Name: Andre De Grasse
Born: Nov. 10, 1994 in Scarborough, Ont.
Sport: 100 m, 200 m, 4×100-m relay
What’s his story?
De Grasse’s rise to the top of Canadian sprinting began with him toeing the line at a high school track meet in the spring of 2012 in a basketball jersey and borrowed spikes. A basketball player to that point, De Grasse only agreed to run after his high school hoops team packed it in during his senior year. While the rest of his competition settled into their blocks, De Grasse started standing. He finished in 10.9 seconds, caught the eye of Durham-area track coach Tony Sharpe and, over the next three years, became the most promising Canadian sprinter since Donovan Bailey and Bruny Surin.
De Grasse currently holds the Canadian record in the 200-metre with a time of 20.03 seconds, and in May he became the first Canadian to run a sub-10-second 100-metre race since the aforementioned Bailey and Surin.
But those accomplishments have nothing on what he managed at the NCAA Outdoor Track and Field Championships in June. Competing in both the 100-metre and 200-metre finals, De Grasse turned in mind-blowing times of 9.75 and 19.58, respectively, winning both events. The times were wind-aided (he had a slight tailwind) and can’t be counted as official Canadian records, but they rank as the seventh-fastest all-conditions 100-metre and six-fastest all-conditions 200-metre in human history.
In short, De Grasse has a legitimate shot not just at Bailey’s 9.84 100-metre Canadian record, but also the likes of Justin Gatlin and Usain Bolt when he faces off against them at the World Championships in August and Rio Olympics in 2016.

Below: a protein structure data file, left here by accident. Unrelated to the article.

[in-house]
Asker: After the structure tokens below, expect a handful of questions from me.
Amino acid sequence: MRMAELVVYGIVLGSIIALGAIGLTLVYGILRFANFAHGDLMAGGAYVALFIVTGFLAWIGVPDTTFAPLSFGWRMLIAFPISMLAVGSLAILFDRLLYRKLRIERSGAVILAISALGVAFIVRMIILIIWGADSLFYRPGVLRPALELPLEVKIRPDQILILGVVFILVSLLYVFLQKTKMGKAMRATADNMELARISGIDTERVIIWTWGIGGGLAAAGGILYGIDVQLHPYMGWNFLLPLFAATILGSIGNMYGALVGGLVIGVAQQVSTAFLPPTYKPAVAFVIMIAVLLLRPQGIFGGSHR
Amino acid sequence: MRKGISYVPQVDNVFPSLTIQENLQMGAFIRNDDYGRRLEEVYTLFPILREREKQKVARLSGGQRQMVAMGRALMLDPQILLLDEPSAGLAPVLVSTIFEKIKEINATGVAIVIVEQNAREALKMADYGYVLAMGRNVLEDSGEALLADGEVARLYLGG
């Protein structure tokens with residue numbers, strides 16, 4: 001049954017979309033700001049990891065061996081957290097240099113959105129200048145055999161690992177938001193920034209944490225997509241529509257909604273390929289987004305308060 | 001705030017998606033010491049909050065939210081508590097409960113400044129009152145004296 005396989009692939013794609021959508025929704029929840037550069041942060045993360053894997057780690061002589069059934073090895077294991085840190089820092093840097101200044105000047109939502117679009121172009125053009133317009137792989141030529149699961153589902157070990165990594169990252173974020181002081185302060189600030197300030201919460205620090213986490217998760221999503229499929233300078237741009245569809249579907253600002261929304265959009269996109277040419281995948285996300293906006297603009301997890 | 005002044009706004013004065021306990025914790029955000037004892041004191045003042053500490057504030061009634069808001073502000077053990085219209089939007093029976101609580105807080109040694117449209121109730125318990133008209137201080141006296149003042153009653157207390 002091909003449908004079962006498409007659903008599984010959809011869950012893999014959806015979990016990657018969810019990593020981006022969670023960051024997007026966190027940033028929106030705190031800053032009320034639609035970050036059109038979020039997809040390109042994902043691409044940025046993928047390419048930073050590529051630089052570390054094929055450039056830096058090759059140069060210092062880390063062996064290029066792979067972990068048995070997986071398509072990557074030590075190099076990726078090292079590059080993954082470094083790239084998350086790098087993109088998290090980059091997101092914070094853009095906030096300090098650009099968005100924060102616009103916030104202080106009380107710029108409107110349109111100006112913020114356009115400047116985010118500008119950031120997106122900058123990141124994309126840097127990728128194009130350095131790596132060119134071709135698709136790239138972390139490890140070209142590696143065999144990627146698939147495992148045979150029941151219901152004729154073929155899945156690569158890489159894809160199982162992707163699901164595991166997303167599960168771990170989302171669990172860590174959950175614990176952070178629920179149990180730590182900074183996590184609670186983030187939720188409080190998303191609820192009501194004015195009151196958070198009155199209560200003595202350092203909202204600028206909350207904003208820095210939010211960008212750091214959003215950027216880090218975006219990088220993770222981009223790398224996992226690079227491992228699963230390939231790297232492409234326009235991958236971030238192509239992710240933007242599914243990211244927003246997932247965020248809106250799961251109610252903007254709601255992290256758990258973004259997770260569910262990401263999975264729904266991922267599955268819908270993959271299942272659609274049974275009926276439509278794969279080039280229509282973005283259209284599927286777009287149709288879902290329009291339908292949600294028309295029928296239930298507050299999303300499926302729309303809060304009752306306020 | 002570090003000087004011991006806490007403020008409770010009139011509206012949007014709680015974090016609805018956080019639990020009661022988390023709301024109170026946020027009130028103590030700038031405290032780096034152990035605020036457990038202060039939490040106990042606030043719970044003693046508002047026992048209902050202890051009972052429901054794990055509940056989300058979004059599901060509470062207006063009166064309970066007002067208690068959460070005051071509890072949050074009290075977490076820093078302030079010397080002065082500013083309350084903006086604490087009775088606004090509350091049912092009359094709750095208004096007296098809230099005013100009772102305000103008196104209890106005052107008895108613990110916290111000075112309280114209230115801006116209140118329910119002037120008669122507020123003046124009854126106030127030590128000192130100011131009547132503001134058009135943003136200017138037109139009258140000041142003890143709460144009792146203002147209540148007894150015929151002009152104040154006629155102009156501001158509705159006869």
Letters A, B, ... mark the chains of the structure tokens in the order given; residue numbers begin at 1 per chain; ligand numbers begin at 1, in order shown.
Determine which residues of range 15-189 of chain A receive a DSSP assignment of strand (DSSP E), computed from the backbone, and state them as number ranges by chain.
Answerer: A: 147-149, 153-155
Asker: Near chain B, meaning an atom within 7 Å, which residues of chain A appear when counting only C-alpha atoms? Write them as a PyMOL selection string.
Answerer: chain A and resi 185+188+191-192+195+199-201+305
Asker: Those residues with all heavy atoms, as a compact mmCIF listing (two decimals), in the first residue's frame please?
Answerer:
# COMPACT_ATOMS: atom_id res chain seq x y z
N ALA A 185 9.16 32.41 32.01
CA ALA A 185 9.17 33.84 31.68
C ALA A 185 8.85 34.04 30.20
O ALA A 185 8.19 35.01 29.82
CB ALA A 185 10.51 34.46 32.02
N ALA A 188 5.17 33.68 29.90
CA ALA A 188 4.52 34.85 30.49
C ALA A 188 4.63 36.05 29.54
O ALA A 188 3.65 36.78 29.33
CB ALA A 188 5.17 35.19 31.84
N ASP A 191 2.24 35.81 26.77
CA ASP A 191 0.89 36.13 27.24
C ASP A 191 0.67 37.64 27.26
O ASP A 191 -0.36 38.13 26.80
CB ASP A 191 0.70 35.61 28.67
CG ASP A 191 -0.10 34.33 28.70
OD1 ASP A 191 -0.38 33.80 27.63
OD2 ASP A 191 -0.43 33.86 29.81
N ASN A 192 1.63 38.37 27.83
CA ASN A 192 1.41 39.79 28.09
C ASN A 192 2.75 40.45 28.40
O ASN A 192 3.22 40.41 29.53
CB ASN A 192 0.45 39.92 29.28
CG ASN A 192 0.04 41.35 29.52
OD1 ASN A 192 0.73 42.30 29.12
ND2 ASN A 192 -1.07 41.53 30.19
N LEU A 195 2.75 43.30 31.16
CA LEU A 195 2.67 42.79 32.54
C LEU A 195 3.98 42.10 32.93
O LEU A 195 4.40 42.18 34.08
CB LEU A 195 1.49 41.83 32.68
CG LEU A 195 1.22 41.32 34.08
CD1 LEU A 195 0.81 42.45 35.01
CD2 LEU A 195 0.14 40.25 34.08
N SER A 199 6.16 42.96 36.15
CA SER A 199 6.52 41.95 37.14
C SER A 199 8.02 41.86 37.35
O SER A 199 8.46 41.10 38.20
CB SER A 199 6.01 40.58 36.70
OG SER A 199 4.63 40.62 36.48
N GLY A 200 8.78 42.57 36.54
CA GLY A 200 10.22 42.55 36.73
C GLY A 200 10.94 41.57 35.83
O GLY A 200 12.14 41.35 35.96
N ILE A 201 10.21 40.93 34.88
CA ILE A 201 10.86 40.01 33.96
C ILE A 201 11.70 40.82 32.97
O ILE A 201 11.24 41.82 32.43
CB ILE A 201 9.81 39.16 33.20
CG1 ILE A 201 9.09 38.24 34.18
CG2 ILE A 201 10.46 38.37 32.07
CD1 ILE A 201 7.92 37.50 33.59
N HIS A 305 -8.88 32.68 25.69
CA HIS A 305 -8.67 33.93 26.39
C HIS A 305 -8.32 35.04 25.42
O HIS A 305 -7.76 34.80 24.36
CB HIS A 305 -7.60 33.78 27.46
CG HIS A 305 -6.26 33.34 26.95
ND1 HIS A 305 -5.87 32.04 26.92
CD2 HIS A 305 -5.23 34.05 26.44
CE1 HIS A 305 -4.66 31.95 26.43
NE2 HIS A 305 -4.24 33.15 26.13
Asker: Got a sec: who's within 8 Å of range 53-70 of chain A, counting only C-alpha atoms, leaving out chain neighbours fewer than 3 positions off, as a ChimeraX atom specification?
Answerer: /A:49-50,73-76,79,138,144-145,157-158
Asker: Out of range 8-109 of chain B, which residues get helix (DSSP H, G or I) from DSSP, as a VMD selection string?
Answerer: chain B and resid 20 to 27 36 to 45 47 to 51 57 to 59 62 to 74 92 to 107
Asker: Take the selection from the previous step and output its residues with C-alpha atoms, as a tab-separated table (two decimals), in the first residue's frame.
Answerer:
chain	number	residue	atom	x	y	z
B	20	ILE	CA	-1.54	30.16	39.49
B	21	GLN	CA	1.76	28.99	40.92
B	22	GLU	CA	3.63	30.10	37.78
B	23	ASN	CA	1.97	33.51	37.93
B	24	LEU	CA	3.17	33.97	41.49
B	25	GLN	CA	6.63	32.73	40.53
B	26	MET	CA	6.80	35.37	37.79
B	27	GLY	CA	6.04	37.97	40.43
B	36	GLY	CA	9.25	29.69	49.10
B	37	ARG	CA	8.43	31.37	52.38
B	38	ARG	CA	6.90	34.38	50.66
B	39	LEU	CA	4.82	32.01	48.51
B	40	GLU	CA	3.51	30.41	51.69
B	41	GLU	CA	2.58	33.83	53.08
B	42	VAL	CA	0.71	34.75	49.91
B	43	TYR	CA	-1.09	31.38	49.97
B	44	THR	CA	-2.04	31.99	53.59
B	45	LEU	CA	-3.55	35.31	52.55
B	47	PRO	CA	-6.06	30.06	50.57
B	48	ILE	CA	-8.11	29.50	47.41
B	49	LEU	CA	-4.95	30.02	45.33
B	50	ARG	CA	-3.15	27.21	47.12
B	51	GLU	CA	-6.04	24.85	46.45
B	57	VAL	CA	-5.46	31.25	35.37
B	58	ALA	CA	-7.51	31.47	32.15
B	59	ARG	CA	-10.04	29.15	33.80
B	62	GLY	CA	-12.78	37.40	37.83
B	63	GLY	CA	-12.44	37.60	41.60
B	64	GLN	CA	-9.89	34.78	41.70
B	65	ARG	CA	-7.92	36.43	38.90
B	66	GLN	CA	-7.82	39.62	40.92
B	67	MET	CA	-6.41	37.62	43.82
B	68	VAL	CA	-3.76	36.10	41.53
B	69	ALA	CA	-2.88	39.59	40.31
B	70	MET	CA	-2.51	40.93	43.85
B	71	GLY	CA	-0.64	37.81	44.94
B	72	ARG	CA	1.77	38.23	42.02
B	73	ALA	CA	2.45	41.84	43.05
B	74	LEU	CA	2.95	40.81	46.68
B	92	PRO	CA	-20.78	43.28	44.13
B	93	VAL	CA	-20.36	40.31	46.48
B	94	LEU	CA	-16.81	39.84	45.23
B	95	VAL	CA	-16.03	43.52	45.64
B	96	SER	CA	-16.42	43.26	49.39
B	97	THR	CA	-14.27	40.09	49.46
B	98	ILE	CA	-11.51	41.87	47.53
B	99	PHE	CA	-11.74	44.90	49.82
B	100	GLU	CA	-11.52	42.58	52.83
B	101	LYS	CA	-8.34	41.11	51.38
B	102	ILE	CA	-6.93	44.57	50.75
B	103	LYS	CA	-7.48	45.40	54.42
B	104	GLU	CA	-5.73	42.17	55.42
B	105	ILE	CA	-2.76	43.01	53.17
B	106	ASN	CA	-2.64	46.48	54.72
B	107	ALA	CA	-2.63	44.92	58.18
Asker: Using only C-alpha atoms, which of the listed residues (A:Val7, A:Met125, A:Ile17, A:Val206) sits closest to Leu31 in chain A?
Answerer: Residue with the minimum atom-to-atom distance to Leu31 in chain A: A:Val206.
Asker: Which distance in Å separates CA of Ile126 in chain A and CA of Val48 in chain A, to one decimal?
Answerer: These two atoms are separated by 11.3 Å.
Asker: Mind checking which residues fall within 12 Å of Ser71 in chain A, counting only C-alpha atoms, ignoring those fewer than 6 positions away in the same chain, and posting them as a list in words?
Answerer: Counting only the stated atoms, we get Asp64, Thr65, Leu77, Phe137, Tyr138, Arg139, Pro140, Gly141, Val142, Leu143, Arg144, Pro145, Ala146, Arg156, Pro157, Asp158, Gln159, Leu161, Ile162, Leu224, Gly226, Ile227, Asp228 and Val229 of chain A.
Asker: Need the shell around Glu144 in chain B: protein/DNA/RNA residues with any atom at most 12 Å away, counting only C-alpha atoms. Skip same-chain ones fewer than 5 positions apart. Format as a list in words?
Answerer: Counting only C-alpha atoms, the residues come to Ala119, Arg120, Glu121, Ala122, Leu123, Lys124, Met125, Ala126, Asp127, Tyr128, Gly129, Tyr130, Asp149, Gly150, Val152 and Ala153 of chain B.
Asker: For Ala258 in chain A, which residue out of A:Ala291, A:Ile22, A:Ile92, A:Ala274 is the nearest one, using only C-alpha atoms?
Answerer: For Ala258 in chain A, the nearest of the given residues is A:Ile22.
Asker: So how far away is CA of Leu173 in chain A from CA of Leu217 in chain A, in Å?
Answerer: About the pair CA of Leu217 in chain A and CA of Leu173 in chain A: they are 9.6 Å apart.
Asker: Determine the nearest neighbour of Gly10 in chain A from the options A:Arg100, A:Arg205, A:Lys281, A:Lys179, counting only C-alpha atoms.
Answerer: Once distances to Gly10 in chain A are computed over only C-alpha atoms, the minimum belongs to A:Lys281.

His double at the NCAA finals. Check it out for yourself:
De Grasse’s times at the NCAA championships put him up among the planet’s most elite sprinters, a group that includes Gatlin and Bolt.
Here’s an interesting fact
Both De Grasse and his coach at the University of Southern California, Caryl Smith Gilbert, think the young Canadian still has plenty of room to improve. In a media conference call earlier this month, De Grasse told me that his “whole zero to 30 metres wasn’t that great” at the NCAA championships. His coach agreed: “I didn’t put him in the weight room at a maximum capacity this year,” Smith Gilbert said. “I wanted him to learn how to lift properly. We didn’t lift heavy, we just lifted to get it done. So his drive and his acceleration isn’t where it needs to be at this point… because I knew I have a little time [to develop him].”
A podium and maybe a new Canadian record.
For more Pan Am stories, including a look at Canada’s track and field renaissance by the numbers, download the latest issue of Sportsnet magazine.